San Francisco’s Alex Wooden mentioned he was screaming his *&^ off watching Georgia win the Nationwide Title.

San Francisco Giant and former Georgia pitcher Alex Wood didn’t make it to Indianapolis for the National Championship against Alabama.

But you better believe he was tuned in.

“My father was at the game. I didn’t make it, but I sat in my basement and watched it all by myself,” Wood said. “I worked my ass off the whole game but when it was over I didn’t say a word. I just couldn’t believe what had just happened. I’ve waited my whole life for this to happen.”

When Kelee Ringo picked up the pass and returned it for a touchdown to seal the Bulldogs’ 33-18 win, Wood was like countless Georgia fans at the time. He’s absolutely lost his mind.

“I screamed extremely loud. I jumped out of my seat, screamed, then sat down very quickly. I was just thinking about what that meant, literally, what just happened, how that had just sealed the deal that we could take home the national championship for the first time in my entire life,” Wood said. “I was just very impressed. I just couldn’t believe they finally did it. I couldn’t have been happier for our program.

“I’ve played for a lot of great teams, seen some great fan bases in college and pro sports, but it’s really just a special group when it comes to the Georgia Bulldogs and our fans. It really is a unique place and I just couldn’t have been happier for the team and everyone behind Georgia.”

Wood, a nine-year major league veteran, was in Athens Saturday night where he served as the guest speaker for Georgia baseball’s preseason banquet.

There he offered the current Bulldogs advice, keys to remember as they pursue their own careers, along with motivational tools that have helped him succeed.

Recently, Wood signed a two-year, $25 million contract to stay with the Giants after going 10-4 with a 3.83 ERA.

Under normal times, Wood would be preparing to head to Arizona for spring training with the rest of his teammates.

However, with the Major League Players Association and MLB currently in an impasse over a new deal, Wood has no idea when that might be.

“We’re like the fans to a certain extent. Of course we know each other a bit better, but it really is still a sit-and-wait game. Now I’m hoping it’s just a week or two delay and we can switch something out,” Wood said. “But yeah, it’s definitely been a bit frustrating from the union side, the player side, because we feel like we’re sitting around the table trying to get a fair, mutually beneficial deal.”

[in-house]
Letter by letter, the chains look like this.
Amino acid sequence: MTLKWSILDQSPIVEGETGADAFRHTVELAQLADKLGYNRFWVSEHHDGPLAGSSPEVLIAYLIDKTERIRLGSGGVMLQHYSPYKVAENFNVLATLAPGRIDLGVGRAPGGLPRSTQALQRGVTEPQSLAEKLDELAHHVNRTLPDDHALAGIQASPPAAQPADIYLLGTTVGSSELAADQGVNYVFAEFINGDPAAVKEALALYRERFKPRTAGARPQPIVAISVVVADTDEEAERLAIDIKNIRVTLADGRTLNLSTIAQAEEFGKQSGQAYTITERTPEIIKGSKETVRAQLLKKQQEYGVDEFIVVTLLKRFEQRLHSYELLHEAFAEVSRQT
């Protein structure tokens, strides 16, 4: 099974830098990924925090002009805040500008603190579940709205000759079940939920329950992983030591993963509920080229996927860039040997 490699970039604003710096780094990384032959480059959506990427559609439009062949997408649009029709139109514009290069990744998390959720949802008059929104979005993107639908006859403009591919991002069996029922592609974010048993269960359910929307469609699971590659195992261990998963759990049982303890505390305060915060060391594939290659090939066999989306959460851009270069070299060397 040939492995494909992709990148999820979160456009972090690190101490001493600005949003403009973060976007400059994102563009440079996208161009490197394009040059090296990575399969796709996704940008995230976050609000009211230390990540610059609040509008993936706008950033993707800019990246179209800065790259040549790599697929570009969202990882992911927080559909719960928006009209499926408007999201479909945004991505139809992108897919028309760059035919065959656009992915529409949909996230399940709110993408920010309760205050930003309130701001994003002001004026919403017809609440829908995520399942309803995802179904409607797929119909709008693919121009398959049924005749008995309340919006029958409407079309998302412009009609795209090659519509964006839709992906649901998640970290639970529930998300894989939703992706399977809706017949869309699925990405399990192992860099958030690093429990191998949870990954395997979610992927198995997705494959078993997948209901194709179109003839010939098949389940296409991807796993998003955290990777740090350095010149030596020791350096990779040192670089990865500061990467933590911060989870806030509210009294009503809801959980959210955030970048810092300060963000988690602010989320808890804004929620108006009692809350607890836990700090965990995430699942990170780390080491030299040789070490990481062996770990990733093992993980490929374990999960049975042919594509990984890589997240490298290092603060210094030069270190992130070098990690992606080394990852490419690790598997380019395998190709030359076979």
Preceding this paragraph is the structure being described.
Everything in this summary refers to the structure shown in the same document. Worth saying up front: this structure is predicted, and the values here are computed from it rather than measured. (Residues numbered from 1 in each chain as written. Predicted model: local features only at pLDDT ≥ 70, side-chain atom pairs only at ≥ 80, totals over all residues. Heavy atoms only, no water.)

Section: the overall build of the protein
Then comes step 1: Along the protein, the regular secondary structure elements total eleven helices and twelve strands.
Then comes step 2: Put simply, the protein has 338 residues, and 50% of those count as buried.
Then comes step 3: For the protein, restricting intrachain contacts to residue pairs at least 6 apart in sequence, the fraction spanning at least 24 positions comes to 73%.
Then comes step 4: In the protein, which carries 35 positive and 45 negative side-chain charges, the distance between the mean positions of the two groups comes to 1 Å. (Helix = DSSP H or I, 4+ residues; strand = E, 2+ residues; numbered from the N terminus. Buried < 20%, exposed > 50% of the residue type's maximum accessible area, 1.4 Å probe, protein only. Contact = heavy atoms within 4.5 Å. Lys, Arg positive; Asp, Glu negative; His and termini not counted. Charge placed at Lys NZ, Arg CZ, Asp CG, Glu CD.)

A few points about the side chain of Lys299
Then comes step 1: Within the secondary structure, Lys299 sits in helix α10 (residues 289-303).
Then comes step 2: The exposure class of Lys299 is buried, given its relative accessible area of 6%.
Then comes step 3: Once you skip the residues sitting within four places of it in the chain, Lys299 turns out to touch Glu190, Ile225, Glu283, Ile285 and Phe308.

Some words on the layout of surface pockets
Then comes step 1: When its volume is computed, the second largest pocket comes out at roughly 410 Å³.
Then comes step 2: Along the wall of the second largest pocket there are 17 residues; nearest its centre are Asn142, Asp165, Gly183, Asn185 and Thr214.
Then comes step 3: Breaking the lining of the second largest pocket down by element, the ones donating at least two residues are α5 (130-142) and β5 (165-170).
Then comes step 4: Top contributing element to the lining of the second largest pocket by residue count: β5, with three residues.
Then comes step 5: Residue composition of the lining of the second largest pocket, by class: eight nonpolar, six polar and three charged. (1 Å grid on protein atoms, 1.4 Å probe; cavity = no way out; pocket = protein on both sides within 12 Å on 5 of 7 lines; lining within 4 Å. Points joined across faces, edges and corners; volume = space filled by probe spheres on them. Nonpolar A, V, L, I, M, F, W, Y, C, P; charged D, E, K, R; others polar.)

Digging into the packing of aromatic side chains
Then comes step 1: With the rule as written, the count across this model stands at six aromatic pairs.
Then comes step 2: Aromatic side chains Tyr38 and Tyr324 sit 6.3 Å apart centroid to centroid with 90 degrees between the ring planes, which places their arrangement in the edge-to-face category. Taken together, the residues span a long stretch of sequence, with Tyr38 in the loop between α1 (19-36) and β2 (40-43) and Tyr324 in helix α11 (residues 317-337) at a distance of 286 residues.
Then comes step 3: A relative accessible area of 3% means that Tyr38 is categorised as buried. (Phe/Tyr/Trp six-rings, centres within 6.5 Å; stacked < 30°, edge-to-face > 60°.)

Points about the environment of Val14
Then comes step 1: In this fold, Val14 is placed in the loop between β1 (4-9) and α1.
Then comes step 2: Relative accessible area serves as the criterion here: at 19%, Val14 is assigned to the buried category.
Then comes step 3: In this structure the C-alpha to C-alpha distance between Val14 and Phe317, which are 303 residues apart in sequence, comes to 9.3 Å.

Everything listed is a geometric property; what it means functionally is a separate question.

He keeps his fingers crossed that something will happen soon.

“It’s hard to negotiate with yourself. We’ve done that a little bit in the past and I don’t think we plan to do that now or in the future,” Wood said. “Right now we feel like we’ve sort of opened the door, but so far nobody’s ready to walk through it, so to speak. But we’ll see what happens. It’s business. People, everyone wants it to be a game, but it’s a billion dollar business. There are lots of loose ends to tie up. But I’m sure we’ll make it and the season will go its way.”

As you can imagine, Wood has a number of people to thank for helping get to this point in his career.

One is former Atlanta Brave pitcher Mike Minor, who Wood credits with showing him how to become a professional player.

Another is Rob Hill, the director of minor league pitching for the Dodgers, someone Wood refers to as the “Whiz Kid” and one of his best friends.

“I give him a lot of credit for my success over the past few years,” Wood said. “Otherwise it’s difficult to choose. I’ve had a lot of good team-mates, a lot of good coaches and a lot of good players, so you try to get something out of each individual and see people’s different perspectives.”

As for current and former teammates and coaches, there are obviously many. However, former three-time Cy Young Award winner Clayton Kershaw stands out.

Wood and Kershaw were teammates with the Dodgers for five years, five seasons the former Bulldog will never forget.

“It’s hard to find someone more focused than Clayton. Having kids gave him a little relief, but the guy lives to dominate,” Wood said. “No one in the world is happier than him when he made it and won. I will never erase the smile on his face, his work ethic, his determination. He’s definitely just a special person. I’m really lucky to have been his teammate and friend for so long.”

Although he has been away from Athens for some time, Wood said he will always consider Classic City his home.

Wood spoke fondly of his time as a Bulldog and how his development here, the opportunity to play in the SEC, helped shape him into the player he is today.

“I grew up a Dawg fan, so it’s not so much about baseball as it’s about how much I love Athens. There’s just no place like it, no fan base like it. I have fallen in love with Athens since I can remember growing up with my father. Throughout college were some of the best years of my life that I can remember,” Wood said. “I love this place like no other. After being able to play and develop here, develop into a callup-worthy player and later play professional baseball, I couldn’t have written it better myself.”

Related Articles

Leave a Reply

Your email address will not be published. Required fields are marked *

Back to top button